At our school, we understand the importance of history in developing pupils’ understanding of the past to prepare them for the future.

Lessons are carefully planned so that pupils are able to regularly develop their chronological understanding, analyse and evaluate historical evidence, compare and contrast life in different periods and empathise with people from different eras. 

Pupils learn that the examination of the past demands critical use of evidence and that they should raise questions about what sources tell them. The second order concepts (cause, consequence, change and continuity, similarity and difference, and historical significance) are carefully mapped out and revisited to develop pupils’ disciplinary knowledge.  

Pupils are provided with many opportunities to investigate how and why different versions of the past differ – a vital skill for any historian.

The curriculum teaches pupils about diverse people from the past to allow them to see their connection to the past and to understand the world today.

Early Years Foundation Stage

Early Years Foundation Stage outcomes in ‘The Past and Present’ are prerequisite skills for history in Key Stage 1. It is important that pupils develop their chronological understanding by completing sequencing activities which introduce them to the language of time.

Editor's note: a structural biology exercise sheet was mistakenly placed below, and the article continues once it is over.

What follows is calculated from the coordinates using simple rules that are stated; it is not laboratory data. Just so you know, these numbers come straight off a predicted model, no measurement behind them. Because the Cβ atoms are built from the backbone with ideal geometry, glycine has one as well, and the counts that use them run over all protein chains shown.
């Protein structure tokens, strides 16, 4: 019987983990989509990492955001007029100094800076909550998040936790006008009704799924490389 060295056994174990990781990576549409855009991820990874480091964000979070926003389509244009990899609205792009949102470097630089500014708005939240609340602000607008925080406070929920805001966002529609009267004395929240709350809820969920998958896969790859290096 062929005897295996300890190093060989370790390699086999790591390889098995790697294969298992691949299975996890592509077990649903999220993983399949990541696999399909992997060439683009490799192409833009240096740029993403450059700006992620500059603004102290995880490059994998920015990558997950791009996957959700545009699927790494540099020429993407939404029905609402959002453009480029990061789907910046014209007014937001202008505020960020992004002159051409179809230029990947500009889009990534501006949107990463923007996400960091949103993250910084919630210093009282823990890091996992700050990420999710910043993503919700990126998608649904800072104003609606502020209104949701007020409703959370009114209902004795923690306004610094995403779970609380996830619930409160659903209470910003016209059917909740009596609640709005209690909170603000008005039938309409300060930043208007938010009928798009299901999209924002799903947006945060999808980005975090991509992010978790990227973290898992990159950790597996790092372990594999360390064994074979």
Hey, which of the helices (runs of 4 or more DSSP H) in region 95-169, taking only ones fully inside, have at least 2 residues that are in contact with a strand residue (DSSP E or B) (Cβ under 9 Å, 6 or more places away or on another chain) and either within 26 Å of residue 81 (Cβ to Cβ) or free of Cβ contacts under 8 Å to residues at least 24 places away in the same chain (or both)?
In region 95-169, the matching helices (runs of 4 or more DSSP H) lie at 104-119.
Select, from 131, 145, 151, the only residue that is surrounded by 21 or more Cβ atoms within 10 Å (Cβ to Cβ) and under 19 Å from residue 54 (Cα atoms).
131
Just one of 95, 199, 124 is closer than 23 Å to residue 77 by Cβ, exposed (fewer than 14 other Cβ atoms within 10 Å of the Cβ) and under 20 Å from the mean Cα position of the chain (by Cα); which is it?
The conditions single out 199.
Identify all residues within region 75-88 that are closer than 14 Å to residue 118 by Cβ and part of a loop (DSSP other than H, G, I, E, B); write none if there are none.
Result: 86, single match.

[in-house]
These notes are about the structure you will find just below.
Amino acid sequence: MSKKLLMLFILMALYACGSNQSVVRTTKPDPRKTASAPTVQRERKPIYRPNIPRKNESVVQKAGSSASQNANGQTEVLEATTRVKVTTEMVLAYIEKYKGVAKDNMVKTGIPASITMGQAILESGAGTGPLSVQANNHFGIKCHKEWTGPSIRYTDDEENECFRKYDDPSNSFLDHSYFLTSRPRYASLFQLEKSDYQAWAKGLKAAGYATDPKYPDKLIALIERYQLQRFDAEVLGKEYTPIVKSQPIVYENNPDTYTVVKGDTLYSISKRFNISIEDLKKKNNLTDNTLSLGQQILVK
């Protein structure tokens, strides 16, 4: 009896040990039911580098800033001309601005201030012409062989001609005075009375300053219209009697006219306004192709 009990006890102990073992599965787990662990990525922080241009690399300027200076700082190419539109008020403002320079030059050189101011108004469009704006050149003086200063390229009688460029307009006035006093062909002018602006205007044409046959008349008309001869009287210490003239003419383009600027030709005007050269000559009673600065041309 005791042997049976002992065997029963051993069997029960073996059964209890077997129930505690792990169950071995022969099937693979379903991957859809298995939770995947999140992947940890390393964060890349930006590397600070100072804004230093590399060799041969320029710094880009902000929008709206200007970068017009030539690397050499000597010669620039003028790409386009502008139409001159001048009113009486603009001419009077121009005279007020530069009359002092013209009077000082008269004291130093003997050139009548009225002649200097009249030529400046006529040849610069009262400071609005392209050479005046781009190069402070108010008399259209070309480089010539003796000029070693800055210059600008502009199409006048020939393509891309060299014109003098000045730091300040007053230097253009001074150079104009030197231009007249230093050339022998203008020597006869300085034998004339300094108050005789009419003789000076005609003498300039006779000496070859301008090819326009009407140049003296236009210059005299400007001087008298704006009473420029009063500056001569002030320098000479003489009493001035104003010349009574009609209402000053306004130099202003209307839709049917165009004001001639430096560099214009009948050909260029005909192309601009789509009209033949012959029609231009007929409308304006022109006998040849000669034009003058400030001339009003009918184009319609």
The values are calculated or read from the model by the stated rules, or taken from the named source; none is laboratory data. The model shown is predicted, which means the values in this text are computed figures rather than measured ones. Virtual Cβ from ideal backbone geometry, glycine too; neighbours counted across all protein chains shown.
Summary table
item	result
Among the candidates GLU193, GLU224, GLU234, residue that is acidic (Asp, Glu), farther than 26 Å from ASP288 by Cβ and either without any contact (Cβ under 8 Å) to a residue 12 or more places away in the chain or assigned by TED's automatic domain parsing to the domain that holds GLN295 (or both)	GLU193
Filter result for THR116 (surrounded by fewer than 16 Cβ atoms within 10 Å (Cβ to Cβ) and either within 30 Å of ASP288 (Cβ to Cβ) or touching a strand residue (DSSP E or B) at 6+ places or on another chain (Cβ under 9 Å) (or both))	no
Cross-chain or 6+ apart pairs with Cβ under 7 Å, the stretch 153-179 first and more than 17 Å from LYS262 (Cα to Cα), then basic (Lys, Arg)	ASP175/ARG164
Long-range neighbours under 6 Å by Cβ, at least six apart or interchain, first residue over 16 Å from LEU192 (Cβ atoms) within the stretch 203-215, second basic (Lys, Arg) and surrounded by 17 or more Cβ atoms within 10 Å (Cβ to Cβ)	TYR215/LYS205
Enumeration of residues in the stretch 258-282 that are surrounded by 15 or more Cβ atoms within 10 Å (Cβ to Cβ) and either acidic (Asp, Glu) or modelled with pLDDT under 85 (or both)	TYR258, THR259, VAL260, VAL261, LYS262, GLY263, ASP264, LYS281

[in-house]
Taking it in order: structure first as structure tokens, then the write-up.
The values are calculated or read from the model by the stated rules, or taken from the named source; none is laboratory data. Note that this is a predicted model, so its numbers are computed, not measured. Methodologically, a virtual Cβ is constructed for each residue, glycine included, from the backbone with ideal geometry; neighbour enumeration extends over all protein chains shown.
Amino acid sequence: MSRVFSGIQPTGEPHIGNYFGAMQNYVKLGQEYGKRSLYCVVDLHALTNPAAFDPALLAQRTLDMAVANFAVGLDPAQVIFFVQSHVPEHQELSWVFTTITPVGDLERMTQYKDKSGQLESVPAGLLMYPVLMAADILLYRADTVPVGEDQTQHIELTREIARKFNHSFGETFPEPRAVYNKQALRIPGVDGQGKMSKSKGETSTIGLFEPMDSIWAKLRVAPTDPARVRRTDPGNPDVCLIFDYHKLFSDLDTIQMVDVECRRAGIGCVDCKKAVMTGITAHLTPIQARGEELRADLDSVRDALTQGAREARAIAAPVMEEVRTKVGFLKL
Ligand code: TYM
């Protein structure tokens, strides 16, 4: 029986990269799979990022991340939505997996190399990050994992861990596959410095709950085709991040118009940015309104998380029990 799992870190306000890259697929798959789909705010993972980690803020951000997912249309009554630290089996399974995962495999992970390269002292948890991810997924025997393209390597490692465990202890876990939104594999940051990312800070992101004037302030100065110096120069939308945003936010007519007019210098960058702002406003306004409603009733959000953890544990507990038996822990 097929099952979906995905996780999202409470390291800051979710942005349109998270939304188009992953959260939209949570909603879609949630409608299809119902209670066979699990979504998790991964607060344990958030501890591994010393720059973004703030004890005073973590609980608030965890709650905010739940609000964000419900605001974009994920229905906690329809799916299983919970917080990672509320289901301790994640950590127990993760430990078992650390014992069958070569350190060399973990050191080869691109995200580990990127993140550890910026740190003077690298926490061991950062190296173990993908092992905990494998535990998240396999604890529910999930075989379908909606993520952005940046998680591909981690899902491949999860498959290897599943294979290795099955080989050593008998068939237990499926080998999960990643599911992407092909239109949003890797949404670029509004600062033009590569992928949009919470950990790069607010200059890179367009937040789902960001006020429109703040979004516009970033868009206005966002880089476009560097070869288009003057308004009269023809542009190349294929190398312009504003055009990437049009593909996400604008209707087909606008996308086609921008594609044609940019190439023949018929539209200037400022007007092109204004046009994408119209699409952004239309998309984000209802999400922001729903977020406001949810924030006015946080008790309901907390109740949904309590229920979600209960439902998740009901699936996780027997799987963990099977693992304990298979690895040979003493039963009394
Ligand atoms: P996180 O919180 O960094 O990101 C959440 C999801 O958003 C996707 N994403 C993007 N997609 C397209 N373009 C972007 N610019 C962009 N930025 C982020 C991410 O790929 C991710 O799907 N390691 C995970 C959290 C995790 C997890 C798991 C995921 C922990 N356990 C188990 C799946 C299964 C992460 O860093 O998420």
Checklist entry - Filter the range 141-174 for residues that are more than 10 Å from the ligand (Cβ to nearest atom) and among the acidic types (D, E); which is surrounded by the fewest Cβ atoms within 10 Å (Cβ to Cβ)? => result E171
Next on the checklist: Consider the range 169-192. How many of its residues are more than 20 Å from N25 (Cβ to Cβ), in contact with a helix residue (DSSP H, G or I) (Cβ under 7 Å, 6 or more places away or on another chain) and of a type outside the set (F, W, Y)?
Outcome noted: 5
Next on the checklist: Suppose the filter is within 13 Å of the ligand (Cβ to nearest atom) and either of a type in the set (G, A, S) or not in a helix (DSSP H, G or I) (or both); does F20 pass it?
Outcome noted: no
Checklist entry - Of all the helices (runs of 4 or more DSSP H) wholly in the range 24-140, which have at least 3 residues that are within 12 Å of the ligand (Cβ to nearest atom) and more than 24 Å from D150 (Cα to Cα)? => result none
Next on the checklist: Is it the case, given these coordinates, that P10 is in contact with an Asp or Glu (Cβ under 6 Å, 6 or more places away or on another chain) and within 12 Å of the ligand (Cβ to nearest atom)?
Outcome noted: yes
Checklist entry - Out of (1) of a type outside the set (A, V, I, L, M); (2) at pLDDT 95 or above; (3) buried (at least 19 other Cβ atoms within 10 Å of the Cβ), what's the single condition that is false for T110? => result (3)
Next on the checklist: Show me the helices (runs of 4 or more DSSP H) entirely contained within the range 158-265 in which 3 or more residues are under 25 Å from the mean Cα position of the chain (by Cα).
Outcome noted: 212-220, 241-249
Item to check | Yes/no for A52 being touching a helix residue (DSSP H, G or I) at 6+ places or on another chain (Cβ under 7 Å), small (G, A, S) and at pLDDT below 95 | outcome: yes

In lessons, pupils focus on themselves first before exploring similarities and differences between themselves and others. Pupils’ chronological understanding is developed through talk when they discuss past and present events in their own lives and in the lives of family members. 

Pupils are provided with opportunities to use the language of time to organise events including events that happened before they were born and a long time ago. During lessons, pupils read a range of stories to compare and contrast characters- including figures from the past. 

Throughout Early Years Foundation Stage settings, pupils study a number of celebrations, such as Remembrance Day and Bonfire Night. This learning allows pupils to understand how and why events from the past are still celebrated today.

Key Stage One